You are right to point out that we can develop a process and a procedure, but that we have to follow through with implementation. To accompany our procedure, we have developed a two-page leaflet that gives an overview of what the term “no recourse to public funds” means, what principles we work to in Dundee and how to access help.
In addition to what we have heard in evidence from you and Rachel Morley, we have also heard of cases in which people walk into the social work area team office, speak to whoever is on duty that day, have a bad experience and walk out saying, “I’m just going to go and jump off the bridge.” A difference in how they are supported at that very early stage could be a life saver. That concerns us greatly.
Annette Finnan (South Lanarkshire Council)
I am the head of service for a housing and homeless service, not a social work service. We work hand in glove with our colleagues in social work, welfare rights and health and social care, so there is collaboration to try to get the best outcome for those who are in need. There are probably similarities between clients who are homeless and clients who are destitute for other reasons, and between the ways in which we monitor whether we are making a difference. You could look at how we do that if there is a need to demonstrate that we are getting good outcomes for people, because there is a robust system of monitoring outcomes for homeless people.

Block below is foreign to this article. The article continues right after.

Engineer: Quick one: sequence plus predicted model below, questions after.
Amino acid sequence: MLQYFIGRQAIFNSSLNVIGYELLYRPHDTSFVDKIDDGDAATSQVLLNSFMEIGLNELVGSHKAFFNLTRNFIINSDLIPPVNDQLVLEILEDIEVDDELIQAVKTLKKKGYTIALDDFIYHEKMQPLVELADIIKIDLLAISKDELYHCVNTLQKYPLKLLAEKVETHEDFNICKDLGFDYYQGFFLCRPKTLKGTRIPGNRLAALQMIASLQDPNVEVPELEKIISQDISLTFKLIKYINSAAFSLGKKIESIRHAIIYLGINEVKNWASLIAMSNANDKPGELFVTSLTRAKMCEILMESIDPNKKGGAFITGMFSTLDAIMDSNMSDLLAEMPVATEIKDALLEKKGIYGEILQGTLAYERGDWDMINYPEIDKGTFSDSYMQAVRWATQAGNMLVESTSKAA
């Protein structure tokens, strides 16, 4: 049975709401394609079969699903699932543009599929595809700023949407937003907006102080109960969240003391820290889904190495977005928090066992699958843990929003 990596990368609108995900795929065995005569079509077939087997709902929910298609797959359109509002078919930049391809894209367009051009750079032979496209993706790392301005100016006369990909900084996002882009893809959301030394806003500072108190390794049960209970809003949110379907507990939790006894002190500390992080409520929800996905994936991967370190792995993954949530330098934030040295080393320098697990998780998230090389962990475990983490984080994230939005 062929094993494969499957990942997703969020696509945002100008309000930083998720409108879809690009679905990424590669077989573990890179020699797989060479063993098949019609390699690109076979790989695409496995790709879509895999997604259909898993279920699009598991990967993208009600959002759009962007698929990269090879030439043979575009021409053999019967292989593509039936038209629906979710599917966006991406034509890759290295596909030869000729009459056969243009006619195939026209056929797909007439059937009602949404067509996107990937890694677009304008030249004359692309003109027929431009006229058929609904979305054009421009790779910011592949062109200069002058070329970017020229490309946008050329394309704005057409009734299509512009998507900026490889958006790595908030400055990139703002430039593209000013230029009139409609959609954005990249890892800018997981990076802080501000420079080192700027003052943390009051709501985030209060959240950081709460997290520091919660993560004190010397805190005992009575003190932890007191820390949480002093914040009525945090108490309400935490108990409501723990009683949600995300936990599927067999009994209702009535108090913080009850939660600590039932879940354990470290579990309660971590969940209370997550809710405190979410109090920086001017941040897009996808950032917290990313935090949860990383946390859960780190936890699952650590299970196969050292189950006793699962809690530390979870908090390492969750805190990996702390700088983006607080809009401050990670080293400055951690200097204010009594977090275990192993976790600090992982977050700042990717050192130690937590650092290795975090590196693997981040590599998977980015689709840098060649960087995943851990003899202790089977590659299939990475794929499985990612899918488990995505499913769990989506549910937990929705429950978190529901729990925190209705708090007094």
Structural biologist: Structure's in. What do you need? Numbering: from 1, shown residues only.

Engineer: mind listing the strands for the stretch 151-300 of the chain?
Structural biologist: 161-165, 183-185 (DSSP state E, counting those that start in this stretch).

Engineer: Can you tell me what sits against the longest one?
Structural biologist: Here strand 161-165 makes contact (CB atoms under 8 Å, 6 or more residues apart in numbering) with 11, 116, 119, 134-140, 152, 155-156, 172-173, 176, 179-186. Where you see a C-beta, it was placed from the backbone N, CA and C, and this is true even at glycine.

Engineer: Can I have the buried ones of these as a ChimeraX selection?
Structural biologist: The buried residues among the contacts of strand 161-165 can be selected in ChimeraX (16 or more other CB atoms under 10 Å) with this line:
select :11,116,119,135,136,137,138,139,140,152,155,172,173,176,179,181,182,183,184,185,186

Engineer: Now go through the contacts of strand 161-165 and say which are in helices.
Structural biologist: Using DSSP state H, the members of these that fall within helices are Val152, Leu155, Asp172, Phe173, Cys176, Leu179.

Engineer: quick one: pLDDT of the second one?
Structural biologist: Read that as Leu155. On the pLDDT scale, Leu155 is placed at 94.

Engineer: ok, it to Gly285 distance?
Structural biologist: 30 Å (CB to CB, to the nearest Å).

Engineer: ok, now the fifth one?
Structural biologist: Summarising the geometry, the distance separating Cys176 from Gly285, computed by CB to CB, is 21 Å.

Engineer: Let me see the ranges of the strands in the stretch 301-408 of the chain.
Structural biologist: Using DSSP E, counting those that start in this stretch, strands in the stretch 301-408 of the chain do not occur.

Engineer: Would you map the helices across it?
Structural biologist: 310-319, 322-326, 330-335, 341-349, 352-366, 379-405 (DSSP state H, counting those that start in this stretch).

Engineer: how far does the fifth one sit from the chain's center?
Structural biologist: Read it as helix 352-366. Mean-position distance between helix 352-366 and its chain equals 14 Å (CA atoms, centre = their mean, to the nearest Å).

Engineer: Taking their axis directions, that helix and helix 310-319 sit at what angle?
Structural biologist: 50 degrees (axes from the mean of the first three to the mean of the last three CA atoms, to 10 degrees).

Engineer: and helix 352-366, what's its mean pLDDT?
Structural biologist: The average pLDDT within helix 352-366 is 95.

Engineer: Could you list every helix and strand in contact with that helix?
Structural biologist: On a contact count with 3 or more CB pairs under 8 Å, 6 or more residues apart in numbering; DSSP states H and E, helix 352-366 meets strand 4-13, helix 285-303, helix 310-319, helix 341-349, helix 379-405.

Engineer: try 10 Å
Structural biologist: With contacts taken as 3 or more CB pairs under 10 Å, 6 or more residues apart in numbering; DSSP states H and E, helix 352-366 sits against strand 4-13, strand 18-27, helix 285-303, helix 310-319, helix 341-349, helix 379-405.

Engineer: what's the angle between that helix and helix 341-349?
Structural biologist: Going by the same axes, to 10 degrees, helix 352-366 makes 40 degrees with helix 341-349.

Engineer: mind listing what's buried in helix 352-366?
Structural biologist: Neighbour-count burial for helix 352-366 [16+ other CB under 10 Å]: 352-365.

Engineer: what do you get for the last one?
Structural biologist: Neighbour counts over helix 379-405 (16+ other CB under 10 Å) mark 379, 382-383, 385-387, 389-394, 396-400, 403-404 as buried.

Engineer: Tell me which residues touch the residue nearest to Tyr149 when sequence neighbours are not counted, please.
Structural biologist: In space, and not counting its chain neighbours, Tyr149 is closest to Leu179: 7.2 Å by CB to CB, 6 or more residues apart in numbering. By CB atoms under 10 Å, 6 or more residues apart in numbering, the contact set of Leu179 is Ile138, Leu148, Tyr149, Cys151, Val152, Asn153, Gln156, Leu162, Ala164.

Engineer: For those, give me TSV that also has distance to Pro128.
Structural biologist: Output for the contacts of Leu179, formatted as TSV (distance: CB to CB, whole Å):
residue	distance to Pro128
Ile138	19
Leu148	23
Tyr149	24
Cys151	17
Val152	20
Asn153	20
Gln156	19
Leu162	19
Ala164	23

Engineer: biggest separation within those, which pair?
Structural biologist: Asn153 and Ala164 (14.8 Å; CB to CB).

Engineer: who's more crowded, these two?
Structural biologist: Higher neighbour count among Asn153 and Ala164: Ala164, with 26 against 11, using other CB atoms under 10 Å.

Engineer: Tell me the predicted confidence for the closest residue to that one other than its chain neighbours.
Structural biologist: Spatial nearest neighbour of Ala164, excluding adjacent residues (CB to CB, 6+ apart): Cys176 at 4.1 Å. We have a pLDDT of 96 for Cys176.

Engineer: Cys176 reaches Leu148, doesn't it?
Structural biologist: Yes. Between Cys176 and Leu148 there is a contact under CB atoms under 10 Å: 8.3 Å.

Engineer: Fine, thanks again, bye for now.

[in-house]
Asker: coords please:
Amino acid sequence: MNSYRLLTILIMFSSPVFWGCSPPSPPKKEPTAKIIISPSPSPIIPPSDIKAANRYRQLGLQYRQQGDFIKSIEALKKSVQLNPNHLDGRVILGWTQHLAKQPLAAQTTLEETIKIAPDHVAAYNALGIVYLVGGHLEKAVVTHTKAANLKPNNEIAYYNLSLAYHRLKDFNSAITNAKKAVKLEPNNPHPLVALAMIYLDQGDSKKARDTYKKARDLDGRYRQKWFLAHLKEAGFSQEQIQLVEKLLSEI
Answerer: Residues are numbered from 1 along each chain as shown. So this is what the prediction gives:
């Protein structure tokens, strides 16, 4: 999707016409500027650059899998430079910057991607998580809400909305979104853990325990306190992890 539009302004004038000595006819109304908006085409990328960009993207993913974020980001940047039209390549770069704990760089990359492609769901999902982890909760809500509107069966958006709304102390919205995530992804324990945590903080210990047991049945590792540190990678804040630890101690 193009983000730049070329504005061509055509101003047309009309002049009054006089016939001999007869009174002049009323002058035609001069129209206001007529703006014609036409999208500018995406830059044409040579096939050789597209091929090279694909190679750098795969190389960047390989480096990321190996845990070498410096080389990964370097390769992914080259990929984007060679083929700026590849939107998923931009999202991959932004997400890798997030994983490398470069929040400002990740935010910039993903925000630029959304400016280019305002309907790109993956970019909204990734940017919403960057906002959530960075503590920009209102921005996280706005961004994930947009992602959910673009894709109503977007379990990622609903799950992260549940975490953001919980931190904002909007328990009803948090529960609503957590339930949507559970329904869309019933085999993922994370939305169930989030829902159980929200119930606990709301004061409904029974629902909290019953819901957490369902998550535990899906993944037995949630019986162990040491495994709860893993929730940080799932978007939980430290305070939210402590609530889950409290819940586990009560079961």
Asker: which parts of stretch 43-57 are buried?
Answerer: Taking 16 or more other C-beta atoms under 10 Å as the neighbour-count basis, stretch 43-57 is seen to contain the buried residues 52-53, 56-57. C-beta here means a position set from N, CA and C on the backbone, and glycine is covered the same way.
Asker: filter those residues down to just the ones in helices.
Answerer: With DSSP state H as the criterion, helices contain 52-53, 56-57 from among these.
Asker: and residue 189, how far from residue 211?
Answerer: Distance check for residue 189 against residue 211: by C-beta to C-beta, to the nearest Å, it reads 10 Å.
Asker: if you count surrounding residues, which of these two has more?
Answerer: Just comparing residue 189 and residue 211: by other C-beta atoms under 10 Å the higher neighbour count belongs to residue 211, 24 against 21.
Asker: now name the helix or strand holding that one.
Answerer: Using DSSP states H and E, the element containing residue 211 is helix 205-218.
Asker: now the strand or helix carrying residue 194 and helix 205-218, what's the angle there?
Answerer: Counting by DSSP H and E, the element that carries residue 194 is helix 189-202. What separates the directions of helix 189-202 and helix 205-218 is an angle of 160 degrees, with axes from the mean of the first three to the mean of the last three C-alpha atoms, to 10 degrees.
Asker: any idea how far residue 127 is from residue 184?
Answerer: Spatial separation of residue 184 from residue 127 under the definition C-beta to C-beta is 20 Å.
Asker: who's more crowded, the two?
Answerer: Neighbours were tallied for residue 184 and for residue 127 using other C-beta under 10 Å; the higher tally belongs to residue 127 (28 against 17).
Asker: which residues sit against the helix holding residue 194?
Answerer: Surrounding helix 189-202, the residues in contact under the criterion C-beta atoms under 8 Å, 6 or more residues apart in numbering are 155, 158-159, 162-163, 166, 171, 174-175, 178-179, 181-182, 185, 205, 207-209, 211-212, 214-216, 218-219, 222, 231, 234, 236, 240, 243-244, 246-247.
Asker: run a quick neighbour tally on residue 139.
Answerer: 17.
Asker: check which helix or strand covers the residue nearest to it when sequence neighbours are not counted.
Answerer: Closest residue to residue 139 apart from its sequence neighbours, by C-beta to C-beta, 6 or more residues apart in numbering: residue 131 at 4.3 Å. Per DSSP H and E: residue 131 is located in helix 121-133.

Compared with the big cities, we have limited presentations of individuals and households who have no recourse to public funds, but through our joint working we try to get the best outcome. The guidance might need to be refreshed, but we work closely with our colleagues to ensure that we support them where we can. We also take legal advice to ensure that the individual gets access to advocacy services, which are also really important. As others have said, we work together to get the best outcomes, and there might be lessons to be learned about monitoring and managing the process from other experiences of supporting vulnerable individuals.
Guidance needs to be live and embedded into people’s daily work. We quite often hear from witnesses—and not just for this inquiry—that organisations have shelf loads of dusty guidance books that are taken down only when they are updated, and then they are put back on the shelf to gather dust again.